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The Milky Way

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About this observation
Observer
Steve Barrett
Time of observation
11/06/2015 - 02:00
Object
Milky Way
Observing location
Teide Observatory, Tenerife
Equipment
20 inch scope at Teide Observatory
Nikon D7100 with 85mm lens
Exposure
Stack of 10 x 120s
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Every year astrophysics students from Liverpool John Moores University and the University of Liverpool are taken on an astronomy field trip to Teide Observatory on Tenerife. The field trip gives them the experience of using a 20" telescope in a professional observatory and the opportunity to take photographs of the night sky. This image of the centre of the Milky Way was taken during the 2015 field trip.

Copyright of all images and other observations submitted to the BAA remains with the owner of the work. Reproduction of the work by third-parties is expressly forbidden without the consent of the copyright holder. For more information, please contact the webmaster.
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Messier 92

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About this observation
Observer
Dean Ashton
Time of observation
30/03/2018 - 23:00
Object
Messier 92
Observing location
St Austell, Cornwall, UK
Equipment
Celestron 235mm EdgeHD
Celestron Nightscape 10100 CCD
Loadstarx2 Guide camera with off axis guiding
Exposure
20x300sec f/10
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It's a while since we featured a globular cluster as Picture of the Week, but this one of M92 by Dean Ashton is very nice.  M92 is actually an intrinsically brighter cluster than M13 but because of its greater distance from us, 26 light years, it appears smaller.  M92 is also remarkable for being the oldest globular cluster in our Milky Way, at 14.2 billion years, roughly the age of the universe.  M92 is around 110 light years across.

Copyright of all images and other observations submitted to the BAA remains with the owner of the work. Reproduction of the work by third-parties is expressly forbidden without the consent of the copyright holder. For more information, please contact the webmaster.
BAA Articles

See the International Space Station

The International Space Station, photographed flying over Broughton Castle by Steve Knight, May 2015.Some of our previous BAA Observers' Challenges have been very challenging objects, but this month, we thought we'd set something that should be within reach of the vast majority of BAA members.

Over the next ten days, the International Space Station will once again be making a series of bright passes over the UK. This includes very favourable passes every day over the Easter weekend.

The ISS appears much like an aircraft, taking a couple of minutes to cross the sky -- probably many people will see it and not realise it's anything out of the ordinary. However, you can tell it's the ISS because it doesn't have any flashing lights, and it should appear at exactly the times listed below. Providing the skies are clear it will be hard to miss: it will usually be the brightest object in the sky, rivalling even Venus's brief appearance at dusk.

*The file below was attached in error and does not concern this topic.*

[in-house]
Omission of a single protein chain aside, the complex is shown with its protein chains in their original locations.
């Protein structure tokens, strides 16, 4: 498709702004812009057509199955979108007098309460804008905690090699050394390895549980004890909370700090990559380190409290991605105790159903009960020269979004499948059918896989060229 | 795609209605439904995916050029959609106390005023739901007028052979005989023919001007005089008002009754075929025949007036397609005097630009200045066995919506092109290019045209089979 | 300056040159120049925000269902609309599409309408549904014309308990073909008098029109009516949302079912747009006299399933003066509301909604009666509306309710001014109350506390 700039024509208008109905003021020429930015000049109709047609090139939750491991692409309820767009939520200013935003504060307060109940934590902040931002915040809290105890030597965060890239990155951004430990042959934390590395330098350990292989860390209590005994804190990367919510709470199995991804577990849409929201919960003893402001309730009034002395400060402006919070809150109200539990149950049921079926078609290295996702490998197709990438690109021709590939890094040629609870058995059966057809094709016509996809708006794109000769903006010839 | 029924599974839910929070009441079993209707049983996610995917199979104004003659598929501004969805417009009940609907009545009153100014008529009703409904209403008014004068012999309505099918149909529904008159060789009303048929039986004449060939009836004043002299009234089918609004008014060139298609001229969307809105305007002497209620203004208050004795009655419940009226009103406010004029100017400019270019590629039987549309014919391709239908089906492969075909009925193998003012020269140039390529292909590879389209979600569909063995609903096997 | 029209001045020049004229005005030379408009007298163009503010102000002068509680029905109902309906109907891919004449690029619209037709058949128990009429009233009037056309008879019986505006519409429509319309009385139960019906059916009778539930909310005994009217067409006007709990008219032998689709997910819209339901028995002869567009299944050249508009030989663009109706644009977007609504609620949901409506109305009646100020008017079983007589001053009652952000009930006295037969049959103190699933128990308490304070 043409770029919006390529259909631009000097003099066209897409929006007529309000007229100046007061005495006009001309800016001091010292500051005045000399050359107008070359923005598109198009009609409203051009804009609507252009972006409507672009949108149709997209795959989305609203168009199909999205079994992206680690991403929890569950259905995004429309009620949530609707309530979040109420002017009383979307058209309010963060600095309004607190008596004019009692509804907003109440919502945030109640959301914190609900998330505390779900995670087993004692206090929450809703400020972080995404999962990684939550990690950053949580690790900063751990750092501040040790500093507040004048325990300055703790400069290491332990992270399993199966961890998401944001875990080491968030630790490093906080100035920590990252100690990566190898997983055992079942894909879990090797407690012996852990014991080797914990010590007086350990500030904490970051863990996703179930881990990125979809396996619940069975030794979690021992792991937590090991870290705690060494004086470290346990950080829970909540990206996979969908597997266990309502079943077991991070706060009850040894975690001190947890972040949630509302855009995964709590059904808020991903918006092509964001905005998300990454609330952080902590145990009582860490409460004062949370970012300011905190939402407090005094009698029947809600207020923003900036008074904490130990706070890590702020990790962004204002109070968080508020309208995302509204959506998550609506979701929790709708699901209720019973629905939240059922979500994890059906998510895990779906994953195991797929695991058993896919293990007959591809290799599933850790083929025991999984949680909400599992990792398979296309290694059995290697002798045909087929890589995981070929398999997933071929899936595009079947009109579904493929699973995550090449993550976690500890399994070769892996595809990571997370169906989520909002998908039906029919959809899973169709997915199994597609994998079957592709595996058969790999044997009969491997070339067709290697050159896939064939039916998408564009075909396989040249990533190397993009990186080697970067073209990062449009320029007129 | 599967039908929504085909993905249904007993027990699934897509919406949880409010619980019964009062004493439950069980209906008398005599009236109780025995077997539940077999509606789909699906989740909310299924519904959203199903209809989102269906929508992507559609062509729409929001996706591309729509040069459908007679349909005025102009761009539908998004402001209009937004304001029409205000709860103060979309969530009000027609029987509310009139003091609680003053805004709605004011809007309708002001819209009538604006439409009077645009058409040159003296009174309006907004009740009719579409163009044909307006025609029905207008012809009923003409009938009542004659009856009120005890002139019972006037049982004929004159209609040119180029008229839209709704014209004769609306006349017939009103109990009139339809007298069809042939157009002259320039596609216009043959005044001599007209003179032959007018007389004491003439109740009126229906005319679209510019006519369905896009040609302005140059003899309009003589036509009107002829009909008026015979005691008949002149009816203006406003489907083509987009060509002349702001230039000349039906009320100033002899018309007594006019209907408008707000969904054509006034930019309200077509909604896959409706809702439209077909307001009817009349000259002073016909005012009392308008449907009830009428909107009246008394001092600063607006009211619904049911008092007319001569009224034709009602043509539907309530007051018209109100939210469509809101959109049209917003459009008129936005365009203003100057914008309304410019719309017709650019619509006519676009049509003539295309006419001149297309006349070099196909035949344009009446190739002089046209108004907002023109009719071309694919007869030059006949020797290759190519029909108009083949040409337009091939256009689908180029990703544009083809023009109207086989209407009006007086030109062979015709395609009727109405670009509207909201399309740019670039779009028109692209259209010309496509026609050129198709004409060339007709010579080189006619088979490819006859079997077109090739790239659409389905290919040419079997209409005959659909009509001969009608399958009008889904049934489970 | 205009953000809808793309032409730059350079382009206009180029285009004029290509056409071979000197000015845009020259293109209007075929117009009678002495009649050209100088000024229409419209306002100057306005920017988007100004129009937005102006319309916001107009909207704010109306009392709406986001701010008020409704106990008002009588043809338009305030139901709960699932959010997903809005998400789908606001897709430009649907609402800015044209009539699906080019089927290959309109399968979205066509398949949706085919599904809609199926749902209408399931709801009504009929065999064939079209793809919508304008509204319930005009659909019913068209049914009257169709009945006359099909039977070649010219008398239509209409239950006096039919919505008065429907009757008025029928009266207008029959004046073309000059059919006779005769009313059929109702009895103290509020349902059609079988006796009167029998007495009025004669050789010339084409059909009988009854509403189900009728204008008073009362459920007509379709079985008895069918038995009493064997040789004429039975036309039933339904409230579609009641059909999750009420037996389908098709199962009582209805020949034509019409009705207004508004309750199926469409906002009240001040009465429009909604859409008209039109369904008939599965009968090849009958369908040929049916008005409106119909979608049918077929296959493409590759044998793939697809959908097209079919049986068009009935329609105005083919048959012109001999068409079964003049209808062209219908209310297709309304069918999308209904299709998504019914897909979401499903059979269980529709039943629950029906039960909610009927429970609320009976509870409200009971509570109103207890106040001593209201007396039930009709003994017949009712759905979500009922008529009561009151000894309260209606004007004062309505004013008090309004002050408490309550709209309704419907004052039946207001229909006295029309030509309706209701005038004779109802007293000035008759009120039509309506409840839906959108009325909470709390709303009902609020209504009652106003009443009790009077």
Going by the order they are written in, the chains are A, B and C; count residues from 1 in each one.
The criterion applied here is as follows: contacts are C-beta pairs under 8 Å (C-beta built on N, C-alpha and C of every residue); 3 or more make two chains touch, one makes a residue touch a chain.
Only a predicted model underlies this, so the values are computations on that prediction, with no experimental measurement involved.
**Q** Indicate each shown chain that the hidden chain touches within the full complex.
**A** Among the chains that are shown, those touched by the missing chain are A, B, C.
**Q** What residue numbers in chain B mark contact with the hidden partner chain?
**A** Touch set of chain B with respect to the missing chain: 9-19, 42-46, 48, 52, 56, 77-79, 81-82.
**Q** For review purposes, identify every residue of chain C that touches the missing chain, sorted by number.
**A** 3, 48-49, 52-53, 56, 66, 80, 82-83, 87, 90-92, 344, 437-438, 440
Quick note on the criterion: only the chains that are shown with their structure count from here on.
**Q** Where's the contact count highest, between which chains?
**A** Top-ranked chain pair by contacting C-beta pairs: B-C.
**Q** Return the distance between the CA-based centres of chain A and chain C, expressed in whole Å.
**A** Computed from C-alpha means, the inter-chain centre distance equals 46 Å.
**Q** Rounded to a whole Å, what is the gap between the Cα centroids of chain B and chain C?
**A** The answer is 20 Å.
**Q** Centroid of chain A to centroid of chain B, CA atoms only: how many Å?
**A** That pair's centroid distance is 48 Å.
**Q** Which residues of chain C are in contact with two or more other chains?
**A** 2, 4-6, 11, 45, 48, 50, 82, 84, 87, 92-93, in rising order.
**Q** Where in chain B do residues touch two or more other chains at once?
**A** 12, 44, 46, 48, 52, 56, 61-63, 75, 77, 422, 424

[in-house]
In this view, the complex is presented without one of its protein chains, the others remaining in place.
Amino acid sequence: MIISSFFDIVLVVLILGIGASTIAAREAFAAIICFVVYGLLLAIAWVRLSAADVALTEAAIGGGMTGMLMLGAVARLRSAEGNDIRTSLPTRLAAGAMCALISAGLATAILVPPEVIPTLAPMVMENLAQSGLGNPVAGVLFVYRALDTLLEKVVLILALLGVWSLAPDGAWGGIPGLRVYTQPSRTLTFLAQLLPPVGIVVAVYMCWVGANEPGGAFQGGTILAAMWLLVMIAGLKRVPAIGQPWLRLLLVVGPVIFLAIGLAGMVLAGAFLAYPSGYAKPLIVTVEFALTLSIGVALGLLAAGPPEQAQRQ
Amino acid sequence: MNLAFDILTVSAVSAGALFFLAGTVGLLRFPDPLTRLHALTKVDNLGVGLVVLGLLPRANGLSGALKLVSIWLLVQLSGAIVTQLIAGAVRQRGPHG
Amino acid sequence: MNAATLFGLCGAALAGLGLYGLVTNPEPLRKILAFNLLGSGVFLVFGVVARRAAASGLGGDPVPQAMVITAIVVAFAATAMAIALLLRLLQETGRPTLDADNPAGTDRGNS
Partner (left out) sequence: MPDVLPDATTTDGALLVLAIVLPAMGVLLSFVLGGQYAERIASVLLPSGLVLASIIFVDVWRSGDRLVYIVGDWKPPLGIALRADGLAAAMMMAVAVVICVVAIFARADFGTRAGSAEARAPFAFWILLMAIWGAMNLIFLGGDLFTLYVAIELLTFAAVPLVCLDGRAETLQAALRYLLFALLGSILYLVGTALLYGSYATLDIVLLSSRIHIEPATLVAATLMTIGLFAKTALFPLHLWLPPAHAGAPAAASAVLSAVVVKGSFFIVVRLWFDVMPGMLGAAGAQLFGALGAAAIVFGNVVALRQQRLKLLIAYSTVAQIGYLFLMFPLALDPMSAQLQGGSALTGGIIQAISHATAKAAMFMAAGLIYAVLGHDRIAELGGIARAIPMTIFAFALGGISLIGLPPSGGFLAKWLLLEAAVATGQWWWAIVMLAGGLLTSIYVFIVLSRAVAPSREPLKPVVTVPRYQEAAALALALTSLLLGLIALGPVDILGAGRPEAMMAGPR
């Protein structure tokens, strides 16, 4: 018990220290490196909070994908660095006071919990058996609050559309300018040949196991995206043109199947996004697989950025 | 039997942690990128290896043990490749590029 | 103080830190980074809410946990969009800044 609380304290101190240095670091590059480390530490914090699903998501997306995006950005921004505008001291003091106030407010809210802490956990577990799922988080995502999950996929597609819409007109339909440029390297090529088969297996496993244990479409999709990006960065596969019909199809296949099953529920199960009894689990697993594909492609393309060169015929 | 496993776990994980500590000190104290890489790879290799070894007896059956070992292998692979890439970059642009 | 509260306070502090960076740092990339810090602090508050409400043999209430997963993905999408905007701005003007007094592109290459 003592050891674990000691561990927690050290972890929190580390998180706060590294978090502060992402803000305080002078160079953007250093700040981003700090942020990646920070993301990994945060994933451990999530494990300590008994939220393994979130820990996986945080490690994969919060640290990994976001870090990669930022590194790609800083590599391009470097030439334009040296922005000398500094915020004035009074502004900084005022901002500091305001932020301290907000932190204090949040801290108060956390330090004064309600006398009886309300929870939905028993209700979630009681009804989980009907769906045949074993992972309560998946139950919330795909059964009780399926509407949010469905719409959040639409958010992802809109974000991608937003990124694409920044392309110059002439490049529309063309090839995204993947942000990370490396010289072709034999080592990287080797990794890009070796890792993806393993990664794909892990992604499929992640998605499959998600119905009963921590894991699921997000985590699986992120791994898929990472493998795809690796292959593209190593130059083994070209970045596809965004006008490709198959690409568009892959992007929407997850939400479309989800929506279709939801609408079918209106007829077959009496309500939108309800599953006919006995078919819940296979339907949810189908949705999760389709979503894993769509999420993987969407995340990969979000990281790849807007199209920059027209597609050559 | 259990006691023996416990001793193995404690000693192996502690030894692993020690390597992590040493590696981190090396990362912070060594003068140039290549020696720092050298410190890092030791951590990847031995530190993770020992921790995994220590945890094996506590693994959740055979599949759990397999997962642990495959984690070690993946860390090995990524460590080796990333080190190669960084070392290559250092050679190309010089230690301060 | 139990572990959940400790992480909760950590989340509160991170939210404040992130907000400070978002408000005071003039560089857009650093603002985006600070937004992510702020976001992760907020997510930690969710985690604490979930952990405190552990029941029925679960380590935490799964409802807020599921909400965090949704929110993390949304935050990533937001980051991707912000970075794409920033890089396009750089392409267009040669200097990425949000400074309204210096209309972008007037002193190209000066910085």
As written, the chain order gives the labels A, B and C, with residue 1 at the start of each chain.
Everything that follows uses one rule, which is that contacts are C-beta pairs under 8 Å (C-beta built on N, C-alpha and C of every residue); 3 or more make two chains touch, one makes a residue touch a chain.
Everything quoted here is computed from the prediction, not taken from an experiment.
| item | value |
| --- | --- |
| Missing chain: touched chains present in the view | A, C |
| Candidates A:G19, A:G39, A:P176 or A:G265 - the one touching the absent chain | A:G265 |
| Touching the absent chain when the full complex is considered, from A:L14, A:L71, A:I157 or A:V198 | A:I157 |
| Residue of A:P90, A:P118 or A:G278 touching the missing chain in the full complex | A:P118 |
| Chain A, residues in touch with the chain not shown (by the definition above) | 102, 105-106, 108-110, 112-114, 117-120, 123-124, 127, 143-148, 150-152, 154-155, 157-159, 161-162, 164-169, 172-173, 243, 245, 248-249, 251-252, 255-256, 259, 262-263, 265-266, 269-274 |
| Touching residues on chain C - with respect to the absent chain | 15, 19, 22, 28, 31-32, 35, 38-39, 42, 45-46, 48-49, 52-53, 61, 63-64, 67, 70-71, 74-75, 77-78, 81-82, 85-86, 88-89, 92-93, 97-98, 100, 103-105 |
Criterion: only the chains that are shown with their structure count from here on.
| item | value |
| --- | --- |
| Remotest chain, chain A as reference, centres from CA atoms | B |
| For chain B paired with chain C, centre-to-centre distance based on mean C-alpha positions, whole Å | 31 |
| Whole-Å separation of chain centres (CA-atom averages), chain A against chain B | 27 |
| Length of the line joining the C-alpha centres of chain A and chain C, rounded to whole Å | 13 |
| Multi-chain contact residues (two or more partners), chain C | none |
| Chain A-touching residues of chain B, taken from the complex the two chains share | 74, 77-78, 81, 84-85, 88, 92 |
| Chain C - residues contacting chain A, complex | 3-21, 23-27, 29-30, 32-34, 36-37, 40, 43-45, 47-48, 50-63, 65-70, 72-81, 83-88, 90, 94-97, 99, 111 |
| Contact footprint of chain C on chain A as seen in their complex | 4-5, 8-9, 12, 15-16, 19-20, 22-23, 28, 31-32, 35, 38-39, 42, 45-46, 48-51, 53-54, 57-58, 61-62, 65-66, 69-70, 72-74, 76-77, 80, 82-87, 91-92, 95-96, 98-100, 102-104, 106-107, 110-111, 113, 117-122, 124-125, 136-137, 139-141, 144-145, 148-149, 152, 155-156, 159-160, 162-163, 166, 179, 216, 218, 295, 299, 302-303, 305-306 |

Such passes are always a good opportunity to get friends and neighbours looking up at the sky, and children are often particularly excited to be able to see a real spaceship fly over! For others, photographing the ISS can become a serious hobby -- Steve Knight, who took the image above, has photographed many dozens of its passes.

You can get a nice image of the ISS simply by pointing a camera at the patch of sky where you expect it to appear, and taking a long exposure once it comes into view. You don't have to go to Steve's lengths of travelling to get the best possible foreground for your shot!

Once you've got your photo, don't forget to upload it to your BAA members page, and tag it under "Artificial satellites". We look forward to seeing your images here: https://britastro.org/recent-images-by-category/192

Times of passes

The following times are in BST, correct for London. To get up-to-date information customised to your exact location, visit the Heavens Above website and remember to set your location in the top-right corner.

Date Brightness Start Highest point End
(mag) Time (BST) Alt. Az. Time (BST) Alt. Az. Time (BST) Alt. Az.
26 Mar -3.3 21:11:17 10° SW 21:14:09 40° S 21:14:09 40° S
27 Mar -2.8 20:19:23 10° SSW 20:22:15 28° SSE 20:24:27 14° E
27 Mar -2.4 21:55:11 10° WSW 21:57:07 33° WSW 21:57:07 33° WSW
28 Mar -3.8 21:02:57 10° WSW 21:06:13 64° SSE 21:07:15 38° E
29 Mar -3.4 20:10:48 10° SW 20:13:58 46° SSE 20:17:09 10° E
29 Mar -3.5 21:47:03 10° W 21:49:54 64° W 21:49:54 64° W
30 Mar -3.9 20:54:43 10° WSW 20:58:02 85° S 20:59:48 25° E
31 Mar -3.8 20:02:26 10° WSW 20:05:42 70° SSE 20:08:59 10° E
31 Mar -4.0 21:38:53 10° W 21:42:11 87° N 21:42:15 85° ENE
01 Apr -3.8 20:46:31 10° W 20:49:49 85° N 20:52:01 20° E
01 Apr -1.9 22:23:01 10° W 22:24:40 26° W 22:24:40 26° W
02 Apr -3.9 21:30:39 10° W 21:33:57 79° SSW 21:34:22 64° SE
03 Apr -3.8 20:38:17 10° W 20:41:35 90° N 20:44:04 16° E
03 Apr -2.1 22:14:49 10° W 22:16:43 27° WSW 22:16:43 27° WSW
04 Apr -3.6 21:22:23 10° W 21:25:37 55° SSW 21:26:24 42° SSE
05 Apr -3.8 20:29:58 10° W 20:33:16 73° SSW 20:36:04 13° ESE
06 Apr -2.8 21:14:07 10° W 21:17:09 35° SSW 21:18:25 25° SSE
07 Apr -3.2 20:21:38 10° W 20:24:50 50° SSW 20:28:01 10° SE